So why do cops have to bother pulling you over to write a ticket?  Why not just give them a radar gun with a digital camera mounted to it and let them snap photos as you whiz by?  Saves everyone involved time.

A semi-related question regarding traffic stops...  I've personally been in the car twice, once in MD and once in IN, when the police have falsely claimed a tail light was out.  Is there any jurisdiction that requires police to document such claims, say by taking a picture?  A digital point-and-shoot would be a drop in the bucket, cost-wise, compared to the rest of the kit in a police cruiser.

I suppose it wouldn't really do much good since the cops would just shift their bogus explanations to something they didn't have to document, like "driving erratically."

14 July 2010

This woman's field is human rights the way the guy hanging out at the bookstore coffee shop is a "writer" even though he's never finished writing anything.

dispatches from TJICistan | TJIC | award winner

To the Editor:

I was always one of those top-of-the-class kids … who everyone also assumed was destined to succeed.

I finished graduate school in August 2007… I’ve worked hard to gain experience — in administrative positions, as a tutor, as a freelance writer and so forth. But I’ve never held a paying job in my field — international human rights and welfare…

I know a lot of other incredible young people in situations like mine.

… for many of us, that dream is proving elusive.

Arielle K. Eirienne

Finally, she’s lamenting that she’s never “held a paying job in my field — international human rights and welfare”.

I might as well bitch and moan that I’ve never held a paying job in my field – reading cranky libertarian science fiction novels at coffee shops while checking out the racks of every red-head and brunette that crosses my path.

As a matter of fact, even though that may be my avocation, I realized long ago that there’s not much money in it, so I decided to pick up a vocation as well.
That's only one of the three of four good reasons TJIC finds to take issue with this conceited letter.

Three years chasing a dream, and it still isn't in the bag.  What a terrible situation.  I thought the nature of dreams was that you could achieve them within 24 months of graduation.

Gorilla Guerrillas

CNN | Taliban training monkeys to fight?

Speaking of this, I really hope Image gives Brahm Revel a chance to finish up his miniseries about simians conditioned to fight in Vietnam. Sounds campy, but it was really well executed. It's tough doing a comic when most of the characters don't speak.

Hat tip to my buddy D.R. for bringing this to my attention.

Hush Money

Kids Prefer Cheese | Mungowitz | Tickle Me, Congressmen

Your Congress at work....
The wrinkly old men that we elect to Congress are so horny and gross that the American taxpayer shells out on average $1 million a year in settlements to sexually harassed Hill staffers, according to the Office of Compliance. The level of perviness fluctuates from year to year — in 2007, 25 staffers were paid a total of $4 million.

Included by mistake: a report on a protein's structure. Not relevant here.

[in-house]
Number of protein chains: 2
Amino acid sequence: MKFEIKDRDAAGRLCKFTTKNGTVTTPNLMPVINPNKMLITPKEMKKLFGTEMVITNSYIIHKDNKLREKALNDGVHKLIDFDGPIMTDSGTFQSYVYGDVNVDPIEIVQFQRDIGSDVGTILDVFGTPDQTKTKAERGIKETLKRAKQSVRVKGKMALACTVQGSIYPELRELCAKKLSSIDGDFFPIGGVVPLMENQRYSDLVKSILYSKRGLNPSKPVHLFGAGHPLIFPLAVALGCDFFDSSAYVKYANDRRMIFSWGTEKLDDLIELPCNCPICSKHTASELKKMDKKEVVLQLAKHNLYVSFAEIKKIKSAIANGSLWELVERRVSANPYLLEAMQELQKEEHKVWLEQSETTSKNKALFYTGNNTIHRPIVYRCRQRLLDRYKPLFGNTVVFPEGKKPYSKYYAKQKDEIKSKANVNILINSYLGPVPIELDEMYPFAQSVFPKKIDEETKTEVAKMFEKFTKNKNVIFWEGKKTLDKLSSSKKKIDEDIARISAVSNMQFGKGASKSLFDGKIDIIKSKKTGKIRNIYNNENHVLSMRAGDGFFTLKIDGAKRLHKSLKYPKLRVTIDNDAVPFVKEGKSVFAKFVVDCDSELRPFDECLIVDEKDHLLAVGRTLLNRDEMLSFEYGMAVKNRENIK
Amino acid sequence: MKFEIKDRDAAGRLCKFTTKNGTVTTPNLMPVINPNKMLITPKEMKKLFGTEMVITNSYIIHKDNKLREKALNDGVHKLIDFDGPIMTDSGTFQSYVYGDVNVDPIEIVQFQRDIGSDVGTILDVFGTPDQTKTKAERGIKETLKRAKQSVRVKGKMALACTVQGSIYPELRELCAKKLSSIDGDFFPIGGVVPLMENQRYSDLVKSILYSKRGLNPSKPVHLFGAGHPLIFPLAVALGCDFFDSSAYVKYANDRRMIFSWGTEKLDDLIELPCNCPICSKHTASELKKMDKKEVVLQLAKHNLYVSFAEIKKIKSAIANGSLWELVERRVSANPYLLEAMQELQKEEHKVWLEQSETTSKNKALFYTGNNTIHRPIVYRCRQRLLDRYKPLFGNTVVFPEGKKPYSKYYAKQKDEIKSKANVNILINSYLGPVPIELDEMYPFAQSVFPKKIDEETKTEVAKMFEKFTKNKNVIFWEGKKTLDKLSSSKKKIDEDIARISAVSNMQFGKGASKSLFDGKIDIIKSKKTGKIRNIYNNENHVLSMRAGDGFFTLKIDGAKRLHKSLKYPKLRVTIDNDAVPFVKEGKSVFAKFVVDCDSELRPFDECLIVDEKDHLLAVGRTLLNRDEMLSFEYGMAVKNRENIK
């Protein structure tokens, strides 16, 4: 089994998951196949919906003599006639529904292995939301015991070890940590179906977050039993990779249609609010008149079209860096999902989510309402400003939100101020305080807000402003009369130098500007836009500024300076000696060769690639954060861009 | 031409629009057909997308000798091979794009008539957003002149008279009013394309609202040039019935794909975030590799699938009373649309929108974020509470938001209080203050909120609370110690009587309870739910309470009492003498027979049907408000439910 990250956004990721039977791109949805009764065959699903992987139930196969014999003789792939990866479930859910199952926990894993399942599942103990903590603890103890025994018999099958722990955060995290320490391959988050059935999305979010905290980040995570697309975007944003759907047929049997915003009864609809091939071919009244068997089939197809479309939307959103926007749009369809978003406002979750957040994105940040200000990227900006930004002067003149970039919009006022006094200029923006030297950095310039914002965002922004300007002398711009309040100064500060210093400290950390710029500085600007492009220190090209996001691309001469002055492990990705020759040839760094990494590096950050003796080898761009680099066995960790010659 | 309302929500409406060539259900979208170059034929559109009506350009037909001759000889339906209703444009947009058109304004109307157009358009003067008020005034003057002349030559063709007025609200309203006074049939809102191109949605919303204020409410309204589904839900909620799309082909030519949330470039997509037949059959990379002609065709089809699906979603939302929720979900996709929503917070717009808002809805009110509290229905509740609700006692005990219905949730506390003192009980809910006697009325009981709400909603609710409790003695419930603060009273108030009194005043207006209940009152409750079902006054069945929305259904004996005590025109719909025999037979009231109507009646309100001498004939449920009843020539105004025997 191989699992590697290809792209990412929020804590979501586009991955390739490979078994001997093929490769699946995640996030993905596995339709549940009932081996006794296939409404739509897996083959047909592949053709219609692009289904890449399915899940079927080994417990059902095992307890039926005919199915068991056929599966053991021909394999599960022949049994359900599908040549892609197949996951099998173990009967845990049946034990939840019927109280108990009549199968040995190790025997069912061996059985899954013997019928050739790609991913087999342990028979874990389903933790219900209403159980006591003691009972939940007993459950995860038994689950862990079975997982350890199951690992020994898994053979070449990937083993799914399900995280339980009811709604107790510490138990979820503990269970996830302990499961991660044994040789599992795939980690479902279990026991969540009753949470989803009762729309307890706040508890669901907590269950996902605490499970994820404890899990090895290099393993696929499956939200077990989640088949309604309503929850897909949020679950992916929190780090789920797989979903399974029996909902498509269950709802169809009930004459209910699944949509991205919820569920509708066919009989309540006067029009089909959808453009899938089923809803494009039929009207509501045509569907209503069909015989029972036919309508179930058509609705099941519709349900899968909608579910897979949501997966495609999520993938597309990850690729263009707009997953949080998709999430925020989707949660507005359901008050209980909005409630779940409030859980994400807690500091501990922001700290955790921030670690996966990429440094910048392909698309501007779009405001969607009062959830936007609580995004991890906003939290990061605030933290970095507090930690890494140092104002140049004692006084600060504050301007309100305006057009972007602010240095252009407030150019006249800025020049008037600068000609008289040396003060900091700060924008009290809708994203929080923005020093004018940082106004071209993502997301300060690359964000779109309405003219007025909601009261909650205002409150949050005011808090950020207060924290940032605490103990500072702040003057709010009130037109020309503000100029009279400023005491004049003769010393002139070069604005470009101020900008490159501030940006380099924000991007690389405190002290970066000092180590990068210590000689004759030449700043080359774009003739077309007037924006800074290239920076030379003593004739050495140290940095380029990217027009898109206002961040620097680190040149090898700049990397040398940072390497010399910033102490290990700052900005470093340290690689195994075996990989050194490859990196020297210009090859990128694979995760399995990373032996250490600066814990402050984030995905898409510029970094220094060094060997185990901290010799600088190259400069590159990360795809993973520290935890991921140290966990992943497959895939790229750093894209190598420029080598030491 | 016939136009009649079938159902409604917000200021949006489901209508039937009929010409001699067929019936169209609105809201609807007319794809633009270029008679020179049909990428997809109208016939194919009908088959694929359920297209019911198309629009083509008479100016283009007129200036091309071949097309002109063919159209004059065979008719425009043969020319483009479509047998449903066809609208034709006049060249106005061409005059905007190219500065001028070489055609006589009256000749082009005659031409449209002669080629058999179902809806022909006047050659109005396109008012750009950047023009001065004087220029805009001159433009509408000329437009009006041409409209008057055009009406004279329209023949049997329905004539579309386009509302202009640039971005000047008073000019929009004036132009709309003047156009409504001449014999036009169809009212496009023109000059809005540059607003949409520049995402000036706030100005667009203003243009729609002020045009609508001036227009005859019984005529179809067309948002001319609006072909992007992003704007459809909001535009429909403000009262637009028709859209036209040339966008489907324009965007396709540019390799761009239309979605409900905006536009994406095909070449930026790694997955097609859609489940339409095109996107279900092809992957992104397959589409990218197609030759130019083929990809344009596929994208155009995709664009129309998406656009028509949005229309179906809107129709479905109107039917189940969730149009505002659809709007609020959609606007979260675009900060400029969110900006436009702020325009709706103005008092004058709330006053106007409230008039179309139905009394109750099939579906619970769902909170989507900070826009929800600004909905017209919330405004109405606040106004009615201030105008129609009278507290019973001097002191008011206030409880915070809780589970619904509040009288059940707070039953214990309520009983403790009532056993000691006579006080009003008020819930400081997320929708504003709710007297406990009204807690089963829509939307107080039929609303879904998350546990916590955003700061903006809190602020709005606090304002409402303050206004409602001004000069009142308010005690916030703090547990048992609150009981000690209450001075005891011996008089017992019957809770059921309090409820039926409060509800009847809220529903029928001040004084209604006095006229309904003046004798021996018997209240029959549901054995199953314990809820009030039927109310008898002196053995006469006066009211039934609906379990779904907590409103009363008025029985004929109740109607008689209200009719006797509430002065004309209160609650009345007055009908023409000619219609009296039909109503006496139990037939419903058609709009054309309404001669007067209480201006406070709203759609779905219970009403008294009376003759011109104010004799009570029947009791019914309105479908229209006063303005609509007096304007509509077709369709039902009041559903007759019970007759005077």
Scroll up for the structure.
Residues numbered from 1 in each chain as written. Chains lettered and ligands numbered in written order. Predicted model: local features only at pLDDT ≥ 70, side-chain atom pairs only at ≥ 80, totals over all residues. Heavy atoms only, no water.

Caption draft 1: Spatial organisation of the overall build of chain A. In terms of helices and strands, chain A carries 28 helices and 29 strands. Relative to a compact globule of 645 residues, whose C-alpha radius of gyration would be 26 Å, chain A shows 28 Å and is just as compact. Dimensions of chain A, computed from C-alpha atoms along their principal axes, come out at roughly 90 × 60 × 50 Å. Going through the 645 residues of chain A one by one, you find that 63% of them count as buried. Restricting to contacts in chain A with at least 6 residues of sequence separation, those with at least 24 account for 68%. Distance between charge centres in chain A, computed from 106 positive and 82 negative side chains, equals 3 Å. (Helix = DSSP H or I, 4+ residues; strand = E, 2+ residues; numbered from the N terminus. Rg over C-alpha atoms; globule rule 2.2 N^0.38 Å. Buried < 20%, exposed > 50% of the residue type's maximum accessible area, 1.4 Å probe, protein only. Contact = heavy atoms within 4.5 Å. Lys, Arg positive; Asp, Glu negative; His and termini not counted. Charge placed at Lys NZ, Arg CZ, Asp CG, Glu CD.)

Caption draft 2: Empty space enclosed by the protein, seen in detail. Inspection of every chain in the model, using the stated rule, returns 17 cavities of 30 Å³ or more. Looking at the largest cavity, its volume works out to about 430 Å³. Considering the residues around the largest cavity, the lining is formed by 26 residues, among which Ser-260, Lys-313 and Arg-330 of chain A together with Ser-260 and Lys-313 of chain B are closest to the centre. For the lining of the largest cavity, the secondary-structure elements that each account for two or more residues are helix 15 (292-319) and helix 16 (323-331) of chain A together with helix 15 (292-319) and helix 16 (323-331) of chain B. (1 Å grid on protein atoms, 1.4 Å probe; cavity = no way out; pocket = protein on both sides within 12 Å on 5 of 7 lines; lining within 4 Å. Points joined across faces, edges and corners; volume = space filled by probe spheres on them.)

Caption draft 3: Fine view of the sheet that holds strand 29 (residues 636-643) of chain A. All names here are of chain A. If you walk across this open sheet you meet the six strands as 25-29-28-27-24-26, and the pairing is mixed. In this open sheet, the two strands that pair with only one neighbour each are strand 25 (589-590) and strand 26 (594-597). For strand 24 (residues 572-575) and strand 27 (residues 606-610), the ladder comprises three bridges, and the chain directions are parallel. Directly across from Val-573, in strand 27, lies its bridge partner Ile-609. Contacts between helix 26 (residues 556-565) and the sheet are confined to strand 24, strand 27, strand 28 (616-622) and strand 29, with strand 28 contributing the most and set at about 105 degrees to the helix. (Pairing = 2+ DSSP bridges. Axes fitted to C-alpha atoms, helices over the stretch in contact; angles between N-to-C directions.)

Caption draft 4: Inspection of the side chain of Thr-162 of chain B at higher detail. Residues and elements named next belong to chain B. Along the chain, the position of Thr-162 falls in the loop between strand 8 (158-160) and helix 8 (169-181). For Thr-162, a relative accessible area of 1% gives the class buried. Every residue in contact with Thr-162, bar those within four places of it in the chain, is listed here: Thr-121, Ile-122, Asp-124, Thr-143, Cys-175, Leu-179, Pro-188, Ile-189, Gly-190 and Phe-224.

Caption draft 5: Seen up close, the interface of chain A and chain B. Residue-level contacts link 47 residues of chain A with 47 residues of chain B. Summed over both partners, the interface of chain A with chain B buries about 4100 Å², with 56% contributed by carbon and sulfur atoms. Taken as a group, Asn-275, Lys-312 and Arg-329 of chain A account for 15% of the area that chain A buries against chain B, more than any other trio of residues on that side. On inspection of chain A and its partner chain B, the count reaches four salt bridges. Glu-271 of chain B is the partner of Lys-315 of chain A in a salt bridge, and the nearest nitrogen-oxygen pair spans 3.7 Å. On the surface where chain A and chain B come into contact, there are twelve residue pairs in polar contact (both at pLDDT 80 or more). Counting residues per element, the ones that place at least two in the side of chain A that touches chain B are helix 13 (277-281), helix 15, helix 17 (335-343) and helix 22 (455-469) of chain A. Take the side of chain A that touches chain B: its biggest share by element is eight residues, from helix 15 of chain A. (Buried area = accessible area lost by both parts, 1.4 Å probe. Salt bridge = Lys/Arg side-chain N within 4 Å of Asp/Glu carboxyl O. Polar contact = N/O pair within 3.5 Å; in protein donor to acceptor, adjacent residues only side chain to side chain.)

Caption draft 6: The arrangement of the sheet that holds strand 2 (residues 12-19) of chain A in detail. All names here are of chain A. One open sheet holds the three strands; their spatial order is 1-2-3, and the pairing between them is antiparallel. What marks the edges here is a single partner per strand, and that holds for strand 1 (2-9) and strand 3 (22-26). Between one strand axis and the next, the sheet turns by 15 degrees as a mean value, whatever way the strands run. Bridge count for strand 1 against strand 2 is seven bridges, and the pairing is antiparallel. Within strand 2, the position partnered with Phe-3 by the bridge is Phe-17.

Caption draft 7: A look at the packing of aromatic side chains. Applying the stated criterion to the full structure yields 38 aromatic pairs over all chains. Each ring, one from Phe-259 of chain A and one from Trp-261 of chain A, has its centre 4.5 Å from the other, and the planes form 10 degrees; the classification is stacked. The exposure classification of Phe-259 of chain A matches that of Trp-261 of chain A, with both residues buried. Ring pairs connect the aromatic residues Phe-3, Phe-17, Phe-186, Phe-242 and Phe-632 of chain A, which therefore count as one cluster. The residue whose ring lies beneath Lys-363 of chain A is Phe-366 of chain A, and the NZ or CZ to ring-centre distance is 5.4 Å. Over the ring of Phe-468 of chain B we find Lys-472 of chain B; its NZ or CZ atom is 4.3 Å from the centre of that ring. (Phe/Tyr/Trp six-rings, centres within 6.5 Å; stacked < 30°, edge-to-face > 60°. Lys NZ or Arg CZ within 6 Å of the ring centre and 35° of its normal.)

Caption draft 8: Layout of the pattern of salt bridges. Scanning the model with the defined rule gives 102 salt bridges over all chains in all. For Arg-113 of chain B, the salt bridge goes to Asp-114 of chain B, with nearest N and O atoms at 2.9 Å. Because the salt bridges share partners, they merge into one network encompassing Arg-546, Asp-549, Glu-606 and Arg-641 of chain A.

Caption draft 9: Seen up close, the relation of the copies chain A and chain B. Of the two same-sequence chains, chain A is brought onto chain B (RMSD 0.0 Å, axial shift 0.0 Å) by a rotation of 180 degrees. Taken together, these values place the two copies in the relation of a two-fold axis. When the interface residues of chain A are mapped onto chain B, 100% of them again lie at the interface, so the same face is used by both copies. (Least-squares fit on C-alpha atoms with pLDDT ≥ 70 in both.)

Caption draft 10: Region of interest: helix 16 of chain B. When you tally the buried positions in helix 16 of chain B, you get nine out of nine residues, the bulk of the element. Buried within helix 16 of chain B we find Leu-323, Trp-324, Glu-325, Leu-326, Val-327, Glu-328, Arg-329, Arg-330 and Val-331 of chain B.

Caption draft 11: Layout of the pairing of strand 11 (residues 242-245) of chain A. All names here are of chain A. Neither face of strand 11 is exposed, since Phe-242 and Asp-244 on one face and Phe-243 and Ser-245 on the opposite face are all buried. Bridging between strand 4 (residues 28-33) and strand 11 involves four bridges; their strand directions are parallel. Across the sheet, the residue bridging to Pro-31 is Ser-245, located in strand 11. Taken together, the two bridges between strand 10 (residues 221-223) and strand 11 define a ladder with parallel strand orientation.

Wouldn't such settlements possibly be of interest to voters, the media, and opponents of the crotch-grabbing perv-boys? It sure would! And that is why Congress passed a law saying that no one can obtain this information!


Megan McArdle had a post yesterday (and follow up today) on how contemptible many members of the "Pick Up Artist" community are.  Maybe contemptible isn't the right word, but she's right that many of them share a lot of characteristics with lovesick teenage girls.

By and large I agree with her, but I'd like to stick up for the concept, if not the execution, of the idea.

(1) At it's core — as far as I understand it, which isn't very far* — "The Game" and its ilk are just gender-specific applied psychology. A sort of How to Win Friends and Influence People for guys.  I don't find that to be a terribly objectionable.

(* My understanding is limited to what I've discussed with my bachelor friends and what's I've read of Roissy's.)

(2) Not getting attention from women is a very real problem for a lot of men, and can have an extremely large impact on overall happiness.   At the very least it teaches guys that there are proactive approaches to attack that problem. "Game" tells guys there are more productive way to deal with their perceived short comings than sitting around wondering when she's going to call and complaining about how girls always pick the wrong guys. I'd rather have guys doing something about what makes them unhappy than just sitting around being unhappy, even if that something can end up being juvenile.

(3) A lot of people — men and women both — spend an absurd number of hours and dollars to make themselves more physically attractive. Clothes, gym memberships, diets, obsessive grooming, all to look more attractive. A lot of those people still act like jerks, or boors, or flakes, or creeps, or psychos, but they invest a lot in becoming pretty jerks, etc. PUA types are at least making an effort to change how they behave in addition to how they look. Again, a lot of them miss the mark in execution, but the basic message that you can adjust how you act rather than how you look is a good one.

A lot of people who read The Game probably turn into creeps, but a lot of kids who took karate back in the 80's to gain self esteem probably turned into pushy jackasses too.  I'm not going to condemn an idea because a lot of troglodytes misapply or misinterpret it.

13 July 2010

Other People's Money